In its third simulated test of the security of the power grid, the North American Reliability Corporation (“NERC”) reported general progress across the electric utility industry in defending against physical and cyber threats, while also identifying several areas for further improvement.
The NERC exercise, dubbed GridEx III, took place over two days in November 2015 and involved more than 4,400 individuals from 364 industry, law enforcement and government organizations across the United States, Canada and Mexico. The main objectives of the exercise were to test crisis response and recovery, improve communication, identify problem areas and engage senior-level leadership in the organizations involved.
Despite broadly meeting these objectives, NERC nevertheless called for improvements in communication systems and protocols, particularly in the incident response capabilities of the Electricity Information Sharing and Analysis Center (“E-ISAC”) portal and coordination with law enforcement and other governmental agencies.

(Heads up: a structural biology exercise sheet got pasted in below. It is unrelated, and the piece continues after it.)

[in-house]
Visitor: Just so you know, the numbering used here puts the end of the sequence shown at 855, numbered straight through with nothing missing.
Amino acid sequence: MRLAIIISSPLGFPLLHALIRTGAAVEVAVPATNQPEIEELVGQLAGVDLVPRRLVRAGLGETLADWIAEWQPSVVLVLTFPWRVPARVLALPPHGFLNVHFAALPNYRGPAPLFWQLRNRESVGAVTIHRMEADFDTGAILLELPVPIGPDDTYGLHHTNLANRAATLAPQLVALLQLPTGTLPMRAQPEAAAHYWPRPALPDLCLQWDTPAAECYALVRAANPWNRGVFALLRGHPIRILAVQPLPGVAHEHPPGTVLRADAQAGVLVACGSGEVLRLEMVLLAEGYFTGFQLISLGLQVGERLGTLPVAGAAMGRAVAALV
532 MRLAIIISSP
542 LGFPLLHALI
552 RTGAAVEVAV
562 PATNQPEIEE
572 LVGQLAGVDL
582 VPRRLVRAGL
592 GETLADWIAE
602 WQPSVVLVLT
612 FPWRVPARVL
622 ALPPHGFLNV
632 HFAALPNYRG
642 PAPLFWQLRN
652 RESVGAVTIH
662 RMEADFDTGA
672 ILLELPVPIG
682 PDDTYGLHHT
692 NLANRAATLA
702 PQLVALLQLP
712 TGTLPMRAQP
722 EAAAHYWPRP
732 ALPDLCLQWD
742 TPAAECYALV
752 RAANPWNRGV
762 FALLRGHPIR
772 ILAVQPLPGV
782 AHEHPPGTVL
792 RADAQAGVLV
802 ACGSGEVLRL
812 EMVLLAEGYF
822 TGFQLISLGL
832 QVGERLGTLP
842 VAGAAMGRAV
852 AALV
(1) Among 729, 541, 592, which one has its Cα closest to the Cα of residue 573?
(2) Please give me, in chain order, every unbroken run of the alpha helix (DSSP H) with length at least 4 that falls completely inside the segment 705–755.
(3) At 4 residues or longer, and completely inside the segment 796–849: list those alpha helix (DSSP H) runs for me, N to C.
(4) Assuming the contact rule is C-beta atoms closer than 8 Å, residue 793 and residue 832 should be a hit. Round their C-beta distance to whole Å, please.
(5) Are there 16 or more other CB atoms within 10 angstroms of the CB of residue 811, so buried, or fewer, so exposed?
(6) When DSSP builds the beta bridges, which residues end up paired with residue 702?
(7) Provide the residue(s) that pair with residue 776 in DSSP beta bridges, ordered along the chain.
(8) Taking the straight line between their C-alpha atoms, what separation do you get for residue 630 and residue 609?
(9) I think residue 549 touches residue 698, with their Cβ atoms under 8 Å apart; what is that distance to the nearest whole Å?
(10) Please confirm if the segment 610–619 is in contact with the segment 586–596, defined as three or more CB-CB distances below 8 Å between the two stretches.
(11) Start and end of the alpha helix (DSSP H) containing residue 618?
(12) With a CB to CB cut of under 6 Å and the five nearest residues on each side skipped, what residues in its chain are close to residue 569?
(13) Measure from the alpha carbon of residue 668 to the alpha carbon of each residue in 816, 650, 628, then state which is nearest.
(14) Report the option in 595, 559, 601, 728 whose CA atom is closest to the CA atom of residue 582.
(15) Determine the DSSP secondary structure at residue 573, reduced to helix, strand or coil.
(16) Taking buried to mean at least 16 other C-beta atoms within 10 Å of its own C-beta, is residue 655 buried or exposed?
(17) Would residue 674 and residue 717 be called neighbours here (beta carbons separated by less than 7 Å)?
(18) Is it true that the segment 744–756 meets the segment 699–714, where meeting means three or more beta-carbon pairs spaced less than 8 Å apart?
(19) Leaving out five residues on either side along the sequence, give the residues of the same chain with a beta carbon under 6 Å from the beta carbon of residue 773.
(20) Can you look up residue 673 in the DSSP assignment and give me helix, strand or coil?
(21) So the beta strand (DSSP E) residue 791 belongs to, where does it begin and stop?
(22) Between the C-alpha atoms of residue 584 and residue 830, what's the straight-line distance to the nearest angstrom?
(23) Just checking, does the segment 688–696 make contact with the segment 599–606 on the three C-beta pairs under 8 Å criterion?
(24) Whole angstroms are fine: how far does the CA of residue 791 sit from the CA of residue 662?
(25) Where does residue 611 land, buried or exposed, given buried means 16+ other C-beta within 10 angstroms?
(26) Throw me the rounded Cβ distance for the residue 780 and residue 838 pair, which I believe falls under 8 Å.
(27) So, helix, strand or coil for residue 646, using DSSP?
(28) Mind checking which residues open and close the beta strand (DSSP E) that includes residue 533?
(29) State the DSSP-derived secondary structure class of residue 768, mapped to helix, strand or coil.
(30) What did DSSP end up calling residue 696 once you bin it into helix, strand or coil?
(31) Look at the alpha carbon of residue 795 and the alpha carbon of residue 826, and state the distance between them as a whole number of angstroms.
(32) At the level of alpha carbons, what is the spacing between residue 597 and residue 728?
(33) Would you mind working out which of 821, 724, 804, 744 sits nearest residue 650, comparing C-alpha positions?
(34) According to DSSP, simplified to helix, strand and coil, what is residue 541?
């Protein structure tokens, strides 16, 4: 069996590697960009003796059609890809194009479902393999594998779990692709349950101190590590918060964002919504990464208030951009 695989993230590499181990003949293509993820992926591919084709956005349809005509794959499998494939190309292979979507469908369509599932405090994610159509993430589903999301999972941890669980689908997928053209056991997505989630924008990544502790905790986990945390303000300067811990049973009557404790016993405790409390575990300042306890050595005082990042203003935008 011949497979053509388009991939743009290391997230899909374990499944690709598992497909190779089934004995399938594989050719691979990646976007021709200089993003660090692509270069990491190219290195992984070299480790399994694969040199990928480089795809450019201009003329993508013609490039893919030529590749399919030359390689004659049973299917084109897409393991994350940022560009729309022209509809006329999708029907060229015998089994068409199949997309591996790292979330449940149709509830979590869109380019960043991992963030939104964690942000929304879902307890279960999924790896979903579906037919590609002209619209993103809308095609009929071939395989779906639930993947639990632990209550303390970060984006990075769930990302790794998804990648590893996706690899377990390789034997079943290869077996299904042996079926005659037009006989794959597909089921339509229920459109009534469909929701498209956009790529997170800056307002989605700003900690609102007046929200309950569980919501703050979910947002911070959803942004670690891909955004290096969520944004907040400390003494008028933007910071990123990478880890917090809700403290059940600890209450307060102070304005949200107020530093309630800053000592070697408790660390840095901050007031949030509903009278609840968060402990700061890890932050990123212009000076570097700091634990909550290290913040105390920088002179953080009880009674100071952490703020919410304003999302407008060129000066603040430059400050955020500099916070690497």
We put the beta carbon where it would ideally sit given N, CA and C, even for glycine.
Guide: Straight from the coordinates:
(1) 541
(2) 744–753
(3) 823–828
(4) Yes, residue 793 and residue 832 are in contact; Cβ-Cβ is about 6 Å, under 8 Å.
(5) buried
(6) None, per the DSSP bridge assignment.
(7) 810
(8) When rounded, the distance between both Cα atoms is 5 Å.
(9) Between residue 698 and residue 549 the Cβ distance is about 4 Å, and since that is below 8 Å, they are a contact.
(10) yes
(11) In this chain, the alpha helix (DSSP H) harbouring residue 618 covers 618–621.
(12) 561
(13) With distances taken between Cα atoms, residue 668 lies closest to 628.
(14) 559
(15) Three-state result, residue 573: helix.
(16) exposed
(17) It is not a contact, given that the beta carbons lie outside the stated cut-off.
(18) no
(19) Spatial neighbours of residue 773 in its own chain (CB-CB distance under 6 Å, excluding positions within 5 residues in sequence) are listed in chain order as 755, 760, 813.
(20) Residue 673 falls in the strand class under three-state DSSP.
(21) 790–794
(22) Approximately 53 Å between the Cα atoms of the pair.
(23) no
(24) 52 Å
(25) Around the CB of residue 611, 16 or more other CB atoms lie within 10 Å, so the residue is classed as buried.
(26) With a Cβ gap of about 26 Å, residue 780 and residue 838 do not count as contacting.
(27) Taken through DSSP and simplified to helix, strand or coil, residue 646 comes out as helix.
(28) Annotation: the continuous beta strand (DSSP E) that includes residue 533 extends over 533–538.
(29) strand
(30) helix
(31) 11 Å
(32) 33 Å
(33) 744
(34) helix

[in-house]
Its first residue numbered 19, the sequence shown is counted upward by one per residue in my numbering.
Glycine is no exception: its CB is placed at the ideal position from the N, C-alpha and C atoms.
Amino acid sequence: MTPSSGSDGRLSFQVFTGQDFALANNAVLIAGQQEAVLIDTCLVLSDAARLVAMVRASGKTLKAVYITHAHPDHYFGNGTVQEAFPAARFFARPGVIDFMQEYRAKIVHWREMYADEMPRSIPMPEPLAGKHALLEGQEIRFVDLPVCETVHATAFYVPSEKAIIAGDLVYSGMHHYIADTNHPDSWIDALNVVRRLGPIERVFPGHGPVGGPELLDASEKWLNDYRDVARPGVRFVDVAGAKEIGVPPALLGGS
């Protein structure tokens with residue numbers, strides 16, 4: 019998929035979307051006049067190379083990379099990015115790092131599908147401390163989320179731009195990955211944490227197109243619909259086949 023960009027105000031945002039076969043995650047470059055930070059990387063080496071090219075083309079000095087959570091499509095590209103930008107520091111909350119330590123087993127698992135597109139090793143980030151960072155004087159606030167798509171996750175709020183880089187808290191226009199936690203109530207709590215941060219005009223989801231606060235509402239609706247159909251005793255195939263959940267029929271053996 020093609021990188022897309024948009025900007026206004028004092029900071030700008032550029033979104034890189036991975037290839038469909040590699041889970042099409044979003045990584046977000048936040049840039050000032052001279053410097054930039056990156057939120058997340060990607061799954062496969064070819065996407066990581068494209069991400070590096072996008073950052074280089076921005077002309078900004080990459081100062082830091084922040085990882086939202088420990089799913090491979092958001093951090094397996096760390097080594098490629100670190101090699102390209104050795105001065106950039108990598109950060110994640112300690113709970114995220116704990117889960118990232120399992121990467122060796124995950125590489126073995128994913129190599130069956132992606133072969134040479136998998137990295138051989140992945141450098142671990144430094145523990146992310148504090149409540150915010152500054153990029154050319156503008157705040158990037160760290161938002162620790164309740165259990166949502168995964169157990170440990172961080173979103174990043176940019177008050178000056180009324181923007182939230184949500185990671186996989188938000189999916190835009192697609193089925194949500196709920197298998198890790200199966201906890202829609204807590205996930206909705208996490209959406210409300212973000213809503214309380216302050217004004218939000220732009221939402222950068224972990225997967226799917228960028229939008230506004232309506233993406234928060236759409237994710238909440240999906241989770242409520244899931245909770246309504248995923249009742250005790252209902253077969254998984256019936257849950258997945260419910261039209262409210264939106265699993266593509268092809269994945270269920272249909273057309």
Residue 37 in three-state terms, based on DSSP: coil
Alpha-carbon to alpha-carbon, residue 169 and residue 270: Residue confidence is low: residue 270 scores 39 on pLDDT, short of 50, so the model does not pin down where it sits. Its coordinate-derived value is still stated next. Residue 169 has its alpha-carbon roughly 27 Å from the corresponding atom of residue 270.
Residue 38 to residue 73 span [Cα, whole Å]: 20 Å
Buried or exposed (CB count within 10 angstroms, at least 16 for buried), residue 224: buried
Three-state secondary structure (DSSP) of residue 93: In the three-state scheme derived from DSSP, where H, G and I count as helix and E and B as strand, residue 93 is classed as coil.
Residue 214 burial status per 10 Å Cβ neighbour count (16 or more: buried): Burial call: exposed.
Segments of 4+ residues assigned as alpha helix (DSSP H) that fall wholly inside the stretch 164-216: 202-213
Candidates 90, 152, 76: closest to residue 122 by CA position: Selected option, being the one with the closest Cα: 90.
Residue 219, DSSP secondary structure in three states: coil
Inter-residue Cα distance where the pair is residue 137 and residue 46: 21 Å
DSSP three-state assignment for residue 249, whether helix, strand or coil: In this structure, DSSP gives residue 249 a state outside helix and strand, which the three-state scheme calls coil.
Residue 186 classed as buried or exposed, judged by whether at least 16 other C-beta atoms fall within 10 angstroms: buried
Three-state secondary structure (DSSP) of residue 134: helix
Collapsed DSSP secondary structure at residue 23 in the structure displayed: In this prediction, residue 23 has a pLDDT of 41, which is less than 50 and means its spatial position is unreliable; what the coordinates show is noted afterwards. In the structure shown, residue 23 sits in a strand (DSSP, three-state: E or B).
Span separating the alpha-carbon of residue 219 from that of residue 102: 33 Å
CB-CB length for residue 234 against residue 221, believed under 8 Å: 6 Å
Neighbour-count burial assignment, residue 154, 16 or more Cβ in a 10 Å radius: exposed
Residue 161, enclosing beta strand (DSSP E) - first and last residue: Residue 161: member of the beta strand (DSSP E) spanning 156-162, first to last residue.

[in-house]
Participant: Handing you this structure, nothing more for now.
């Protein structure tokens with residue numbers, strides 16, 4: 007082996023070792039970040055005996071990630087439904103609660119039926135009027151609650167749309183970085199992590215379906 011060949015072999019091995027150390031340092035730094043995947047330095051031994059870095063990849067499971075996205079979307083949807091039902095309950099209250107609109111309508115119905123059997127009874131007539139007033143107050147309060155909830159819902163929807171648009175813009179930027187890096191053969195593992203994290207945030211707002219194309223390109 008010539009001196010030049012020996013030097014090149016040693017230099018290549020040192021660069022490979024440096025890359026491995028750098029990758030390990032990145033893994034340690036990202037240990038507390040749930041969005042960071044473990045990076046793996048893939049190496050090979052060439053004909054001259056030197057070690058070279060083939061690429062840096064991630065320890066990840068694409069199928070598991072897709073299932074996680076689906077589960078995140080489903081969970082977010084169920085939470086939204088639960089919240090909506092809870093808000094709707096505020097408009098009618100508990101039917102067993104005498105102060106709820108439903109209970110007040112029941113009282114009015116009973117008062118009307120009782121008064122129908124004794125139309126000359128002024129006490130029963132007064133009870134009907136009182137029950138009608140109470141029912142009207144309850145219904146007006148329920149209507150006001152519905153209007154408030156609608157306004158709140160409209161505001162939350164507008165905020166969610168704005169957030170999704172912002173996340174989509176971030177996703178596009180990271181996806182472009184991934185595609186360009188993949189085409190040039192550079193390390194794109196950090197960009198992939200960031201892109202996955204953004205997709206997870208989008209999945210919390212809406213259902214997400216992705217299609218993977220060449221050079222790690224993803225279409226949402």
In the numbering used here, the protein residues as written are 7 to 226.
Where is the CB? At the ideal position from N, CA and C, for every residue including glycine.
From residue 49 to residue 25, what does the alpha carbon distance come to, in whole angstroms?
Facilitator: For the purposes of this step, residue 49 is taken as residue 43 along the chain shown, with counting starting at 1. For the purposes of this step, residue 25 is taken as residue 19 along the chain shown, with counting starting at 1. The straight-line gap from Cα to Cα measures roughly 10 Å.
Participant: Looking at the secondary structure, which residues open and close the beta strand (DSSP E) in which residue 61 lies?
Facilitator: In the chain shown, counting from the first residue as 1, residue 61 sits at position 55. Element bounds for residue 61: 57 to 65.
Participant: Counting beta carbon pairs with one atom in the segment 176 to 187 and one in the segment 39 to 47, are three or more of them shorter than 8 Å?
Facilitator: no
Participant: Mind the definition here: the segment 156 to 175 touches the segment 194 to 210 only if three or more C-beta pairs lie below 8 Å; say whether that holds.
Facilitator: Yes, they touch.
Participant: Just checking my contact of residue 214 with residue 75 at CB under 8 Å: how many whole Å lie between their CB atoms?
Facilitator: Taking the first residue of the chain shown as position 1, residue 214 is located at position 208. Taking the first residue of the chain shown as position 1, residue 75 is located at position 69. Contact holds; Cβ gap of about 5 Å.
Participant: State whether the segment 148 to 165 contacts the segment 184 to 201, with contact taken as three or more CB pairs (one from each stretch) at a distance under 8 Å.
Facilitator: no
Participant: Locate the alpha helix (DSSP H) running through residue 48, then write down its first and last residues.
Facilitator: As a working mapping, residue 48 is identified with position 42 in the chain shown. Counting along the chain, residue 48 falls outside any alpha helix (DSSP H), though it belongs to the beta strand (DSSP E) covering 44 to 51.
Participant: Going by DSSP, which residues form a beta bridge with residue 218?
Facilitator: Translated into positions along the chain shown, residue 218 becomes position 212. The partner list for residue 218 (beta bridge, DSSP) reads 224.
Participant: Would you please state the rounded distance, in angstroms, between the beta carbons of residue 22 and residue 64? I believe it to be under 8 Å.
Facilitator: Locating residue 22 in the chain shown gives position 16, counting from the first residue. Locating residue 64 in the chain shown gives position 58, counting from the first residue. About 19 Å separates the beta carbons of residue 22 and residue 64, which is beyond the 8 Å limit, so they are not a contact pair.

E-ISAC acts as a kind of highly-specialized “antivirus” application for the power sector, collecting and sharing information regarding malware indicators identified by electric utilities or government agencies. For the exercise, NERC created a “mirrored” version of the E-ISAC portal and found it unable to track and respond to the flood of distress calls and other inquiries it received, with critical information getting lost or buried. This made it difficult for participants to distinguish important information coming from the portal during the exercise, a problem which may have been compounded by redundancies and other inefficiencies in industry information sharing and reporting practices, according to the NERC report.
Similarly, NERC reported that the exercise revealed the need, in the event of a major and persistent disruption in electricity service, for far greater levels of coordination across federal, state and local government agencies to the power sector and aid the public at large.